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3 scientists share 2019 Nobel Prize in chemistry
The 2019 Nobel Prize in Chemistry is awarded to three scientists, the Royal Swedish Academy of Sciences announced on Wednesday.
The 2019 Nobel Prize in Chemistry has been awarded to John B. Goodenough, M. Stanley Whittingham and Akira Yoshino "for the development of lithium-ion batteries."
According to a press release here, Whittingham worked on developing methods that could lead to fossil fuel-free energy technologies.
"The foundation of the lithium-ion battery was laid during the oil crisis in the 1970s... He started to research superconductors and discovered an extremely energy-rich material, which he used to create an innovative cathode in a lithium battery," said the press release.
About Goodenough, the press release said "after a systematic search, in 1980 he demonstrated that cobalt oxide with intercalated lithium ions can produce as much as four volts. This was an important breakthrough and would lead to much more powerful batteries."
With Goodenough's cathode as a basis, Akira Yoshino created the first commercially viable lithium-ion battery in 1985, according to the release.
"Rather than using reactive lithium in the anode, he used petroleum coke, a carbon material that, like the cathode's cobalt oxide, can intercalate lithium ions," said the release.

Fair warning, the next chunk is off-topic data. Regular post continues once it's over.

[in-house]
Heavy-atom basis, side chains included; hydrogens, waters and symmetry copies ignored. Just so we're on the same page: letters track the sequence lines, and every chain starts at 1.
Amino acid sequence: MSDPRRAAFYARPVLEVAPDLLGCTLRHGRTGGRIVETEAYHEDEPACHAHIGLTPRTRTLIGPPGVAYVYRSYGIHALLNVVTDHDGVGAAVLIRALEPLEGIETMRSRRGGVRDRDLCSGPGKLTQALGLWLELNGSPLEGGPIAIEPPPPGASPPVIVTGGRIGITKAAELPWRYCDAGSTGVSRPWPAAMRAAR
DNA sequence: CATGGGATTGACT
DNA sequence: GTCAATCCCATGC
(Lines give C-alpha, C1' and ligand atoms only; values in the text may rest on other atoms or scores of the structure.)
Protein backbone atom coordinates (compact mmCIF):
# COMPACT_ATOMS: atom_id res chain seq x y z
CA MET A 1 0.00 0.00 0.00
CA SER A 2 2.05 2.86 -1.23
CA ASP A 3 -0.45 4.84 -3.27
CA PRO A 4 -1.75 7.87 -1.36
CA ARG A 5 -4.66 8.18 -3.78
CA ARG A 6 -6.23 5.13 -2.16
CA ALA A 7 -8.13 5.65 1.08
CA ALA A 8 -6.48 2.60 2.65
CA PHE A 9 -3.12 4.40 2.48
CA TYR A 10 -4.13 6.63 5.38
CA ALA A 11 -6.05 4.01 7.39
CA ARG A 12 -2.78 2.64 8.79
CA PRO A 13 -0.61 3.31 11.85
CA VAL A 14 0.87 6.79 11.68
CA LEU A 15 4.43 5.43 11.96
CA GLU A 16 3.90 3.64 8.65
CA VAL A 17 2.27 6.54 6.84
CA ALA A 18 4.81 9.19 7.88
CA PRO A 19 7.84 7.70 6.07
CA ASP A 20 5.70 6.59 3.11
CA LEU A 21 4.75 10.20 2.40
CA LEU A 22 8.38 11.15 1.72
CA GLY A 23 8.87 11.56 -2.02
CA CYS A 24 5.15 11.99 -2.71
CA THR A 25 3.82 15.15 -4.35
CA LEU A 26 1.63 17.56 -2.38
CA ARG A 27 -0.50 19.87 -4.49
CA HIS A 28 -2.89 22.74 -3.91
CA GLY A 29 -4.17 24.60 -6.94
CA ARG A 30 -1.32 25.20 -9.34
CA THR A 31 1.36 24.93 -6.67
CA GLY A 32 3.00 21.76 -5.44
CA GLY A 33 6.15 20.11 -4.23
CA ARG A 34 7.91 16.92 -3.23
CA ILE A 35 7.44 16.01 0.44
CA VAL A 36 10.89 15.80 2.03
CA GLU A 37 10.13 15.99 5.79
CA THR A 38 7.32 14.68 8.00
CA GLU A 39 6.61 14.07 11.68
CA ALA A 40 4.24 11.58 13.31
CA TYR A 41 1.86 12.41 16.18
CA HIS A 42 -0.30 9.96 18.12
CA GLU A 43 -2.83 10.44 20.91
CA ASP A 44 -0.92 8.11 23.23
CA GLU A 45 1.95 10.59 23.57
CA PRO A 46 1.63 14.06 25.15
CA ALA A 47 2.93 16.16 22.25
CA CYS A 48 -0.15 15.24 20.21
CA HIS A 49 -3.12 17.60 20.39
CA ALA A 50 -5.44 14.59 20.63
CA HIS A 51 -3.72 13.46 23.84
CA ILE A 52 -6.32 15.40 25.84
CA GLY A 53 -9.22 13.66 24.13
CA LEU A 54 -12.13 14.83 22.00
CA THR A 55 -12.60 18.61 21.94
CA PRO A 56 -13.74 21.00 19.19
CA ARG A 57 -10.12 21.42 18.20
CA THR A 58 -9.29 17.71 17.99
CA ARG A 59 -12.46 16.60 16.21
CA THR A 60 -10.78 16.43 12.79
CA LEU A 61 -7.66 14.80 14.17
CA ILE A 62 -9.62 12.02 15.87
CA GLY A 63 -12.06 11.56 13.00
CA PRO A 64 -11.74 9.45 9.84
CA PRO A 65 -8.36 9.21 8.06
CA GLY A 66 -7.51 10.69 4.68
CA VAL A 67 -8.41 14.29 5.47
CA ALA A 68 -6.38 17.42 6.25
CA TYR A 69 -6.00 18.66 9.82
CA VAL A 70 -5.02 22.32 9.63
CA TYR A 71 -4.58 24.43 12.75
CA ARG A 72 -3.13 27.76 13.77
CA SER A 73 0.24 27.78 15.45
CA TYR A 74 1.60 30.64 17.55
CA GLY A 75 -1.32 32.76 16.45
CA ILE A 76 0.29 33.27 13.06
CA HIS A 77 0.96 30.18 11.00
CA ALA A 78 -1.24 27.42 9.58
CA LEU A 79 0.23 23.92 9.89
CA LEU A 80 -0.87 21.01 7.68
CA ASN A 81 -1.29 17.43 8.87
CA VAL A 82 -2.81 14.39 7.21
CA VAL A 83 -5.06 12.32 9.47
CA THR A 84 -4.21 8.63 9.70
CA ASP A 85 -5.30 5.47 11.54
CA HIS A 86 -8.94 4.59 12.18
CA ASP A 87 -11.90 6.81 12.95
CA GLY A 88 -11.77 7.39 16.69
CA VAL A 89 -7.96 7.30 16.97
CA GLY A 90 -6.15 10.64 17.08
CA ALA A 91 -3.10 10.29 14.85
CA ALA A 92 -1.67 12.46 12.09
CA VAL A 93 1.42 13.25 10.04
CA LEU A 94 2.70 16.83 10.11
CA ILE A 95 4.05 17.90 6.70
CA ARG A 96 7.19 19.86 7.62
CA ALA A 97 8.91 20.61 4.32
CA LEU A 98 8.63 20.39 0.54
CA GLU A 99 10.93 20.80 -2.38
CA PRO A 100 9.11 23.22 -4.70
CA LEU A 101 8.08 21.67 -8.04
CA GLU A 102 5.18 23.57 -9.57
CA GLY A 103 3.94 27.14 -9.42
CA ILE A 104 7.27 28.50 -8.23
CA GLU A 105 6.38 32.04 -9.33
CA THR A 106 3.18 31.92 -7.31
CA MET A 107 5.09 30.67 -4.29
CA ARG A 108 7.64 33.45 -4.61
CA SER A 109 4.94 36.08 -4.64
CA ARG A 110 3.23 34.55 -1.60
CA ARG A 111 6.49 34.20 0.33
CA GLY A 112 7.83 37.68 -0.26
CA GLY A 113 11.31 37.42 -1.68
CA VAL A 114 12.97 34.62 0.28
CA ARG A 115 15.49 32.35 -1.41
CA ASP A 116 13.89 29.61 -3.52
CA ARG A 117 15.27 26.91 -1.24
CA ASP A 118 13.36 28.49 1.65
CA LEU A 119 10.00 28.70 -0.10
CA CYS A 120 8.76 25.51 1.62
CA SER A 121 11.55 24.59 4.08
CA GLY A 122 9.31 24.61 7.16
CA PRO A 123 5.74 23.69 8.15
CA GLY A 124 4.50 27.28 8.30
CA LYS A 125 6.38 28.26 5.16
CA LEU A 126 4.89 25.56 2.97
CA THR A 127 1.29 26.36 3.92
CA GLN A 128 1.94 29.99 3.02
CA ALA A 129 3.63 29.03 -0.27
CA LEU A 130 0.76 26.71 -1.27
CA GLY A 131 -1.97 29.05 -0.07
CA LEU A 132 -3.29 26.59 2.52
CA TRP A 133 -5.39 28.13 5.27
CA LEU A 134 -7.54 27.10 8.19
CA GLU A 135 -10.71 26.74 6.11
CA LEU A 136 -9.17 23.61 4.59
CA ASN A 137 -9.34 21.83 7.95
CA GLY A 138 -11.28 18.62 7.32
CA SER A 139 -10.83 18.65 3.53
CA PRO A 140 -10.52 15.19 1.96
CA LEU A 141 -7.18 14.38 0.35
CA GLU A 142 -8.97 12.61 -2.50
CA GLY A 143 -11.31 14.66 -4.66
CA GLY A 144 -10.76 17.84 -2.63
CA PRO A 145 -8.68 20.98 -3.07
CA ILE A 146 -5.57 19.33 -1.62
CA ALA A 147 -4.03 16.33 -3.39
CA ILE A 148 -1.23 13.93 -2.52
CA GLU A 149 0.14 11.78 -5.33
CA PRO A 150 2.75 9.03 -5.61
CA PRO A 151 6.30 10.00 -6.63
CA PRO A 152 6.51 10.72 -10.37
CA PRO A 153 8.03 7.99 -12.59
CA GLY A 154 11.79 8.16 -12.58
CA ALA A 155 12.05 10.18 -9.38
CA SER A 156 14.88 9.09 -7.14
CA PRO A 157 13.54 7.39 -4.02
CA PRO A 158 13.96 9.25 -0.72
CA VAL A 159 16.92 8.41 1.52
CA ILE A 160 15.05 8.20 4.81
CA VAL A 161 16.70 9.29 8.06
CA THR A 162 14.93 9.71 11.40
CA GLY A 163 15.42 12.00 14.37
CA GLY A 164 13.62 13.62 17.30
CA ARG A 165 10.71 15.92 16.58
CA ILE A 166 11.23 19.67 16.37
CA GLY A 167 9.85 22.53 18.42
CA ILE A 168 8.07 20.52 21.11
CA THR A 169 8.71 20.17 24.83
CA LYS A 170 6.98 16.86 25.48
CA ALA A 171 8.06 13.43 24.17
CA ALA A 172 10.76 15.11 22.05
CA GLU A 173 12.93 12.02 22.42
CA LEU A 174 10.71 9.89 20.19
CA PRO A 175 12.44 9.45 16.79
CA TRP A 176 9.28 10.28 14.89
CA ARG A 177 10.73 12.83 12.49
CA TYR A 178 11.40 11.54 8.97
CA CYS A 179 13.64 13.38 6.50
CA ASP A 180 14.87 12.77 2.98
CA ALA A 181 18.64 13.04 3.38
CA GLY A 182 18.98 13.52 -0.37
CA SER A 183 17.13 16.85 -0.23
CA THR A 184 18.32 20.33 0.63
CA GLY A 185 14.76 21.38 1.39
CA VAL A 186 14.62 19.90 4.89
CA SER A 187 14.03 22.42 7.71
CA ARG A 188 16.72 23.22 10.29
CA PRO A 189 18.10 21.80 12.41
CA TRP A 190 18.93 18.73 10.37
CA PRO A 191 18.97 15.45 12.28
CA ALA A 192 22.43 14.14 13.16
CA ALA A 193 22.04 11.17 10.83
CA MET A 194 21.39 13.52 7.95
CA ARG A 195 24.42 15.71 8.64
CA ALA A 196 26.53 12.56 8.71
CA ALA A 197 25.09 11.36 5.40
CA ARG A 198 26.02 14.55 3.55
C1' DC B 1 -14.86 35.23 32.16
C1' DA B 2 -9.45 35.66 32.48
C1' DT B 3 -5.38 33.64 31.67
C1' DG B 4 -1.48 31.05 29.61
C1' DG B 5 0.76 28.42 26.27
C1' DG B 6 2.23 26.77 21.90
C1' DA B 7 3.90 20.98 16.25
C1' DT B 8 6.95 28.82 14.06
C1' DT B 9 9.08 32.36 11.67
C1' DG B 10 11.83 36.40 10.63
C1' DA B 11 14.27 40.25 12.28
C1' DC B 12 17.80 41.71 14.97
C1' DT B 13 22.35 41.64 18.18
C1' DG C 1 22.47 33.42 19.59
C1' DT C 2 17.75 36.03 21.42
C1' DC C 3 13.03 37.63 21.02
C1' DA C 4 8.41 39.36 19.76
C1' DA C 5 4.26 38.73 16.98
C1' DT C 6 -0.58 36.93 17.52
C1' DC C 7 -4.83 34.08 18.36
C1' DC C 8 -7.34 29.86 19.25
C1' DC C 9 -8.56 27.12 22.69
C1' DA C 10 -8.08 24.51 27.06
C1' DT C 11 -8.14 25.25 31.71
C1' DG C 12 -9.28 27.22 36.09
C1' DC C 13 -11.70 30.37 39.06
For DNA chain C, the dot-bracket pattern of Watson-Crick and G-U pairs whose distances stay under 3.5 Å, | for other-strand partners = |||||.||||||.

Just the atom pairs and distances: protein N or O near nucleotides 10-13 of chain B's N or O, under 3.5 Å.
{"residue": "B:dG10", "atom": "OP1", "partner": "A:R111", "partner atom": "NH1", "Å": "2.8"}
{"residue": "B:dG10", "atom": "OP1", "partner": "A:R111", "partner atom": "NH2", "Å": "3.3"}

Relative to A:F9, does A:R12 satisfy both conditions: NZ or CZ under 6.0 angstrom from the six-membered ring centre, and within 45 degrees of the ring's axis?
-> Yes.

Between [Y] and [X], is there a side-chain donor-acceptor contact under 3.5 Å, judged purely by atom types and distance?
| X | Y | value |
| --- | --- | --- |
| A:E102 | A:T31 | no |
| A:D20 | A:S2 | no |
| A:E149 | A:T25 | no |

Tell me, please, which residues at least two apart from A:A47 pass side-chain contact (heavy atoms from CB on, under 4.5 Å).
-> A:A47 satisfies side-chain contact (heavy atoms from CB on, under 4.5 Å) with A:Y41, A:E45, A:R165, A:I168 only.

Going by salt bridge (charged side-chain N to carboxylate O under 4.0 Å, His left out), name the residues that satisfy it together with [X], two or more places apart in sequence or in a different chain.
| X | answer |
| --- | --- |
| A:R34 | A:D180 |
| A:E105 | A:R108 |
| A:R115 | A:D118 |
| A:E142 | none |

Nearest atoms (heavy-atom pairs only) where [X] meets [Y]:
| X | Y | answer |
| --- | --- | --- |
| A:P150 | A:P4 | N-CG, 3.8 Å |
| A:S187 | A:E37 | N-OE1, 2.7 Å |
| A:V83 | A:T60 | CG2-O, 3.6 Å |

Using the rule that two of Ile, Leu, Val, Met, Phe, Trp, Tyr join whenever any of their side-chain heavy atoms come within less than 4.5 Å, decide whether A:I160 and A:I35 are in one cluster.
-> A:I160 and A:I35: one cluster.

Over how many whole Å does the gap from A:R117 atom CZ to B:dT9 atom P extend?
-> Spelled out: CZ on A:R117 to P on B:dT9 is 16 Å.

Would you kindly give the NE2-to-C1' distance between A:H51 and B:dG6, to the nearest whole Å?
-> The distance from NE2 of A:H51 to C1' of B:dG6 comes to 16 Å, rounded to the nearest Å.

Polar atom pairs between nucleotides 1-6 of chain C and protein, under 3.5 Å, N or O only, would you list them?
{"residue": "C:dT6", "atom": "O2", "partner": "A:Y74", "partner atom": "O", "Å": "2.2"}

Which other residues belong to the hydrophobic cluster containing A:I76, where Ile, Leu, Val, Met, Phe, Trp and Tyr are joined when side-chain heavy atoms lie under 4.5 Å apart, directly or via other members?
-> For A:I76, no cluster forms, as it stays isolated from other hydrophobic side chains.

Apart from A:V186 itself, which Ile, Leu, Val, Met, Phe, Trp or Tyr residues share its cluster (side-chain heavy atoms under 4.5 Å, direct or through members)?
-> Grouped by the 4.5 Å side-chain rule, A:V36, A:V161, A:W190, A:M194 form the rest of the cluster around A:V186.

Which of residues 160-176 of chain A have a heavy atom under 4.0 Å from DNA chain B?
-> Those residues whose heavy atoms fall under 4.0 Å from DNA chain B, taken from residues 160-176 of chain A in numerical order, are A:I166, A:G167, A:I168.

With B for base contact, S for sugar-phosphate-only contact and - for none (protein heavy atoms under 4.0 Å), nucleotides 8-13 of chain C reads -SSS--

"The Nobel Prize in Chemistry 2019 rewards the development of the lithium-ion battery. This lightweight, rechargeable and powerful battery is now used in everything from mobile phones to laptops and electric vehicles. It can also store significant amounts of energy from solar and wind power, making possible a fossil fuel-free society," concluded the press release.
Goodenough, born 1922 in Jena, Germany, holds currently Virginia H. Cockrell Chair in Engineering at the University of Texas at Austin, USA.
M. Stanley Whittingham, born 1941 in the UK, is Distinguished Professor at Binghamton University, the State University of New York, USA.
Akira Yoshino, born 1948 in Suita, Japan, is professor at Meijo University.
Akira Yoshino sounded very delighted in the telephone interview during the press conference. He said that "curiosity" was the major driving force for his researches. He also said that climate change was a "very serious issue now," and that lithium-ion batteries can be of great help to this problem.
The prize amount is 9 million Swedish krona (about 1 million U.S. dollars) and will be shared equally among the Laureates.